If I forget you, O Jerusalem, let my right hand forget its skill.
Let my tongue stick to the roof of my mouth if I do not remember you,
if I do not set Jerusalem above my highest joy! (Psalm 137:5–6)
Every Christian wants a deeper life of prayer in this new year. Who, after the close of one year, looks back over the time in his closet and thinks, “Yeah, I’d better cut back on all the praying this next twelve months”? We all want to grow, to enjoy richer fellowship with God — the question, though, comes down to how we think it will happen. Might it mean that we pray more consistently? Absolutely. Might it mean that we intercede more for others? Most likely. Might it mean that our petitions are more passionate? Maybe, depending on what we mean by passionate praying.
Passion Far and Wide
For some, passionate praying sounds like making more audacious requests. If we are really praying passionately, we are asking God to move mountains, to swing open closed doors, to bring something out of nothing. In one sense, this makes sense. Passion, boldness, and faith converge to petition God for the things that he alone can do. We are honoring the Giver by praying this way, right? We look out over our cities, over the continents of this world, and we should ask God to do mighty works. We find an unengaged, unreached people group and we pray, “Save them!” We learn about the Planned Parenthood centers in our communities and we beg God to shut them down. We think of an unprecedented high number and ask God for that many baptisms in our church the next six months.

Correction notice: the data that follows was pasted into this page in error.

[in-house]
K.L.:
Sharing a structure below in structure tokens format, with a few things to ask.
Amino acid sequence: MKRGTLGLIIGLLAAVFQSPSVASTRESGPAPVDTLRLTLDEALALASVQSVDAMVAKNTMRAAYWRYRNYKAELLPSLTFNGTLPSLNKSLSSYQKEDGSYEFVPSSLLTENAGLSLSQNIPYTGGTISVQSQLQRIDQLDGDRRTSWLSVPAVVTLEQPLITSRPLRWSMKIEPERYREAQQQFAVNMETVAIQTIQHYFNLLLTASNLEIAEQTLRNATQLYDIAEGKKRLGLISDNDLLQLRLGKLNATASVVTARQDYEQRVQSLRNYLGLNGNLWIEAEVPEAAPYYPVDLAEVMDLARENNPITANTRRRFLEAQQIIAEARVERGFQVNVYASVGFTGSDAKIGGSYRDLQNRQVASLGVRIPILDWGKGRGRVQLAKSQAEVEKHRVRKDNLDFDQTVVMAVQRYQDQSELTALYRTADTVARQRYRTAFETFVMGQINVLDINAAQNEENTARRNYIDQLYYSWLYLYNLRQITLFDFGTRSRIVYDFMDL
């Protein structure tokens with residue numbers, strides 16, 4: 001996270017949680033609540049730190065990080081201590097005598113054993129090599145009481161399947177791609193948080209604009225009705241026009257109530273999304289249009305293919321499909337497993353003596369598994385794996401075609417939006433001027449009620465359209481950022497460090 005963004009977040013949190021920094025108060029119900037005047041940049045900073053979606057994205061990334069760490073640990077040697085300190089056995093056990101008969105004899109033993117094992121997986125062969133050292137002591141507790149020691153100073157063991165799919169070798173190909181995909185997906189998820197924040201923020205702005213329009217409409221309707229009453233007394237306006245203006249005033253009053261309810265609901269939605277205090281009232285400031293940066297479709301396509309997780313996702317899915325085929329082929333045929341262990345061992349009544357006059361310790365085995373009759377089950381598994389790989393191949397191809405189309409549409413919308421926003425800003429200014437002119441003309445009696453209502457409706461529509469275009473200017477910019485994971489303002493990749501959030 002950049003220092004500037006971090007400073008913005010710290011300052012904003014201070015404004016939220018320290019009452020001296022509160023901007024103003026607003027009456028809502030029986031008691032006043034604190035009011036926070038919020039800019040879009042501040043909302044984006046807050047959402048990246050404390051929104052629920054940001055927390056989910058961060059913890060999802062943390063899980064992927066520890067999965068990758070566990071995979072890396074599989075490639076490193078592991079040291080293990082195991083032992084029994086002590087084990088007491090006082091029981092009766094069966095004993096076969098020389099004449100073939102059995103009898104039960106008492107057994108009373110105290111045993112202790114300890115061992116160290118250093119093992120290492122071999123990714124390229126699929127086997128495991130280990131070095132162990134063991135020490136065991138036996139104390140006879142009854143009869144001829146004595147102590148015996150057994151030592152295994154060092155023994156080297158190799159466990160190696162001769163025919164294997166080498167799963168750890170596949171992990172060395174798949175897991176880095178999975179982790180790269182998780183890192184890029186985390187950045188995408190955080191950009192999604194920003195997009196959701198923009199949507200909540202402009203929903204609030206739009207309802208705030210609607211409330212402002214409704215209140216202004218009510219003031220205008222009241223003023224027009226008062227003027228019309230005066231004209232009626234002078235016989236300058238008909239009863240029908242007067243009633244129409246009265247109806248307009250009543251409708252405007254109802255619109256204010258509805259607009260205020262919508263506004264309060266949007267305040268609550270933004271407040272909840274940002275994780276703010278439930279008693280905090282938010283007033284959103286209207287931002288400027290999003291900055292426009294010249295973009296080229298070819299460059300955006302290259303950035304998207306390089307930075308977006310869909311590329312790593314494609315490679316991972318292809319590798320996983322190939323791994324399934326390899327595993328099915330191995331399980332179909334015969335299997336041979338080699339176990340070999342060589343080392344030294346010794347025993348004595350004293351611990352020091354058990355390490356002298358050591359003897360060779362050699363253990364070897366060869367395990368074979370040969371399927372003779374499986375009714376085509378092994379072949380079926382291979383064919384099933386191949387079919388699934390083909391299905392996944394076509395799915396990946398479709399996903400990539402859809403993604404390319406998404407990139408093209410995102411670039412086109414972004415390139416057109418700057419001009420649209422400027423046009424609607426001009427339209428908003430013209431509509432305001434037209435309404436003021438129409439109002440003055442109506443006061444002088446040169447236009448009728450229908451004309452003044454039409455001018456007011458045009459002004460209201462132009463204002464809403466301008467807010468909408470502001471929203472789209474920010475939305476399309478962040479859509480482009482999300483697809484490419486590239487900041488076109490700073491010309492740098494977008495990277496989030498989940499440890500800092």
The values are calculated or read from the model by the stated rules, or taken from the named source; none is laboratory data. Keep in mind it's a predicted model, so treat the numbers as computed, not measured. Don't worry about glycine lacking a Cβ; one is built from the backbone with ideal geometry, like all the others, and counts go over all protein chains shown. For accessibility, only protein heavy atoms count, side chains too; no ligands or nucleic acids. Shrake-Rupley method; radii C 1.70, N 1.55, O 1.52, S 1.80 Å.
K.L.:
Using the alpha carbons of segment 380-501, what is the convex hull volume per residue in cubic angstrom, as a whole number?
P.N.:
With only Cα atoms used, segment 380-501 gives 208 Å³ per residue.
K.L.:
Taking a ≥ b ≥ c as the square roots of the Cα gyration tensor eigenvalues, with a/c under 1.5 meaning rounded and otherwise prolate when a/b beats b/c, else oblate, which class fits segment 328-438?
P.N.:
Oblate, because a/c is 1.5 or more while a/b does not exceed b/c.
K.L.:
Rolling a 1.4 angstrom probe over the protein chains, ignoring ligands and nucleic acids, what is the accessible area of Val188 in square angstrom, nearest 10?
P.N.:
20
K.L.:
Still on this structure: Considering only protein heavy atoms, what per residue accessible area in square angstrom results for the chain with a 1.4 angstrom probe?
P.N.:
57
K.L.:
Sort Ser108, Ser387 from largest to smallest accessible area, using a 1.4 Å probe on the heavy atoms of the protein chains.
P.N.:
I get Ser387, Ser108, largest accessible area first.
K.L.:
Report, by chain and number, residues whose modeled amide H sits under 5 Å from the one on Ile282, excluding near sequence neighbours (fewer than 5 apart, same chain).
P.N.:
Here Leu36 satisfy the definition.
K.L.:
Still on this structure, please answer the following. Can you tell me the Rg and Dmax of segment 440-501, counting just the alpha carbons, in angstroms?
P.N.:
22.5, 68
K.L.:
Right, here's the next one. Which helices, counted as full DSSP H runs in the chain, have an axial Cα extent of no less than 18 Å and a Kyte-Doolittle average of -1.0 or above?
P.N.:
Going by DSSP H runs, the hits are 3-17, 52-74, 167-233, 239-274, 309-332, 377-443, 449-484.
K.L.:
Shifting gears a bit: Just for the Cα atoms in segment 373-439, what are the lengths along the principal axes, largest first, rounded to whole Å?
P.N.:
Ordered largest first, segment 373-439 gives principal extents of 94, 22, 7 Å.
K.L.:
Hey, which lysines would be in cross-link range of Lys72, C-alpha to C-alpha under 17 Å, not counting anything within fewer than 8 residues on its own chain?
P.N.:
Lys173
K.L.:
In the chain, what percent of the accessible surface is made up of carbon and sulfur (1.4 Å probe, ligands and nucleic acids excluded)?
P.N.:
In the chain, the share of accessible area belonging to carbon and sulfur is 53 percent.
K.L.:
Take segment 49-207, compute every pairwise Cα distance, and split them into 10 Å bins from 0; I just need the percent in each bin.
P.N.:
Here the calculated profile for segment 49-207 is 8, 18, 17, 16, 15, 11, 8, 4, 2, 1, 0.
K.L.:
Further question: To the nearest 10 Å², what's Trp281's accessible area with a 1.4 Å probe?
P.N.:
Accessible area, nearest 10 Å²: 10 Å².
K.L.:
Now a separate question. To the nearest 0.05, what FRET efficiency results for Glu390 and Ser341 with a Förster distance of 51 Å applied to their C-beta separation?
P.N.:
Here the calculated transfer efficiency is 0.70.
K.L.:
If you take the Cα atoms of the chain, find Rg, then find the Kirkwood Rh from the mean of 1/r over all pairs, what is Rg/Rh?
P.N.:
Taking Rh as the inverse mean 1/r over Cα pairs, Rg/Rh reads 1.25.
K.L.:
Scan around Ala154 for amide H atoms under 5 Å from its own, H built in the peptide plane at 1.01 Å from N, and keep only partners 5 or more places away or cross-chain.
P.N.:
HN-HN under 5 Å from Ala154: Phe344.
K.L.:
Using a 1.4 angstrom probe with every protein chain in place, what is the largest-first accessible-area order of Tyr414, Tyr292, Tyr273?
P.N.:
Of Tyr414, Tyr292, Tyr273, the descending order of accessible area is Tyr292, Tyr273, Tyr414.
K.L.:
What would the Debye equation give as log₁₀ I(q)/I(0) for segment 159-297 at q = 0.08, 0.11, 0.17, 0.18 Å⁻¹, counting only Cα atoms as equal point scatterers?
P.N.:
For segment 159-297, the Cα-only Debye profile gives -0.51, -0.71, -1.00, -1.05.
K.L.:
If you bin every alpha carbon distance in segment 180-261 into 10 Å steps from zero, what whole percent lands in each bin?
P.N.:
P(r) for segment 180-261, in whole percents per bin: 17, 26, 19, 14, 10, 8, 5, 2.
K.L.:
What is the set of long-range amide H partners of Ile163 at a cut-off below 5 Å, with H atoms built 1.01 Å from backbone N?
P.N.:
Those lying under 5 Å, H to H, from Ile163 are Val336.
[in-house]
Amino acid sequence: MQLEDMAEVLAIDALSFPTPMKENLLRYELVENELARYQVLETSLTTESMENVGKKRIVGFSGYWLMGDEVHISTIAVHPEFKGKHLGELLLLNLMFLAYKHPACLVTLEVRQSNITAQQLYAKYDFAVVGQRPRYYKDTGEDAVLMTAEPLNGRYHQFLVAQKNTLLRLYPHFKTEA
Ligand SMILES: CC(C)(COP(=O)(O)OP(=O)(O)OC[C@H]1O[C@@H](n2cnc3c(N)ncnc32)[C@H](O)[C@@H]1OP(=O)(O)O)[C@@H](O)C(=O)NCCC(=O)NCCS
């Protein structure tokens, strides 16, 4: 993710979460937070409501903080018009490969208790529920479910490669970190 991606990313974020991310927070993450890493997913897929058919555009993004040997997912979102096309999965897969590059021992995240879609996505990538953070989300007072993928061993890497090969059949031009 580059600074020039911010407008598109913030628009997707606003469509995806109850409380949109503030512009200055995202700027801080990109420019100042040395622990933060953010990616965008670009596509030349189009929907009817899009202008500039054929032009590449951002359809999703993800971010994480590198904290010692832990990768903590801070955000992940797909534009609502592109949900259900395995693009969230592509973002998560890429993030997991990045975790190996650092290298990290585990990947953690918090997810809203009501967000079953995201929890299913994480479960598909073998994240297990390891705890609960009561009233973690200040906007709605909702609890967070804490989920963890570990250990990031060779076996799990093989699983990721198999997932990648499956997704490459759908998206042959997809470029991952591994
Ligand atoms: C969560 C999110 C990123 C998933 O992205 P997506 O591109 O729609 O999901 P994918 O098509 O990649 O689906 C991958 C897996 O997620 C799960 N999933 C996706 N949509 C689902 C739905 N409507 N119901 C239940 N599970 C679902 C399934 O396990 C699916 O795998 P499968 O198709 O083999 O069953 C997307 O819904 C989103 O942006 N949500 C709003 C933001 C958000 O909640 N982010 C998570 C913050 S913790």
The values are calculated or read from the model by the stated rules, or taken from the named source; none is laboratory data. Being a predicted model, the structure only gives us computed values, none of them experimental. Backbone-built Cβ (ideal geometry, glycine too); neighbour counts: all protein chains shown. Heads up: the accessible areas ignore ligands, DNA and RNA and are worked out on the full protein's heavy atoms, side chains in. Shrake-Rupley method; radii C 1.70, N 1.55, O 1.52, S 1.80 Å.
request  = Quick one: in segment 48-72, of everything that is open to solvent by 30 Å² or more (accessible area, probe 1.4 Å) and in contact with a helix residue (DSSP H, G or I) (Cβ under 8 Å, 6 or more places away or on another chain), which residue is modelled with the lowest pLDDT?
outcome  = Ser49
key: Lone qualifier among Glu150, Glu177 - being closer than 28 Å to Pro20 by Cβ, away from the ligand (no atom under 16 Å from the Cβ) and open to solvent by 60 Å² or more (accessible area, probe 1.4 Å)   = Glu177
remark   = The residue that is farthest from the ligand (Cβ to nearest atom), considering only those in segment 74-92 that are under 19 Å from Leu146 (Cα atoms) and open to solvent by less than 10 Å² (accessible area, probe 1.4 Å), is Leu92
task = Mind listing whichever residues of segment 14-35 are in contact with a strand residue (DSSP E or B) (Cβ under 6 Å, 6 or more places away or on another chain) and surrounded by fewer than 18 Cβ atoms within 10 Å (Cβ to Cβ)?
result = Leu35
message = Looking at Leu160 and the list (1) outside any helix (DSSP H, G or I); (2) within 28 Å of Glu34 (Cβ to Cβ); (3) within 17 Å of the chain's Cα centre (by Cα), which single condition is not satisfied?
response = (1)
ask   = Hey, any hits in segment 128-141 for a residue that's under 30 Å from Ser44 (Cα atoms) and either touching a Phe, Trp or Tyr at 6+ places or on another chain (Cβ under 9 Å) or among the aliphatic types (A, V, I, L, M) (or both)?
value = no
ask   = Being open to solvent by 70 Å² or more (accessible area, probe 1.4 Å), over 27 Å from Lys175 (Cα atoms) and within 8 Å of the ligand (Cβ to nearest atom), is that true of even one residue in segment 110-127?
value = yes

Passion, in this sense, means we step back, look forward, and pray big. Most of us could use a little more of this God-sized dreaming in our prayers — but only if it’s not at the expense of another kind of passion.
Deeper still than praying with passion far and wide, is a passion of singular intensity. It’s a passion that starts in the beautiful posture of a heart not lifted up, eyes not raised too high, minds not occupied with things too great and marvelous for us (Psalm 131:1). It’s a passion that knows God can do whatever he pleases (Psalm 135:6), that longs for his promised kingdom of unceasing peace and praise (Psalm 135:19–21), and that prays, face to the floor in earnestness, “God, don’t let me forget you.”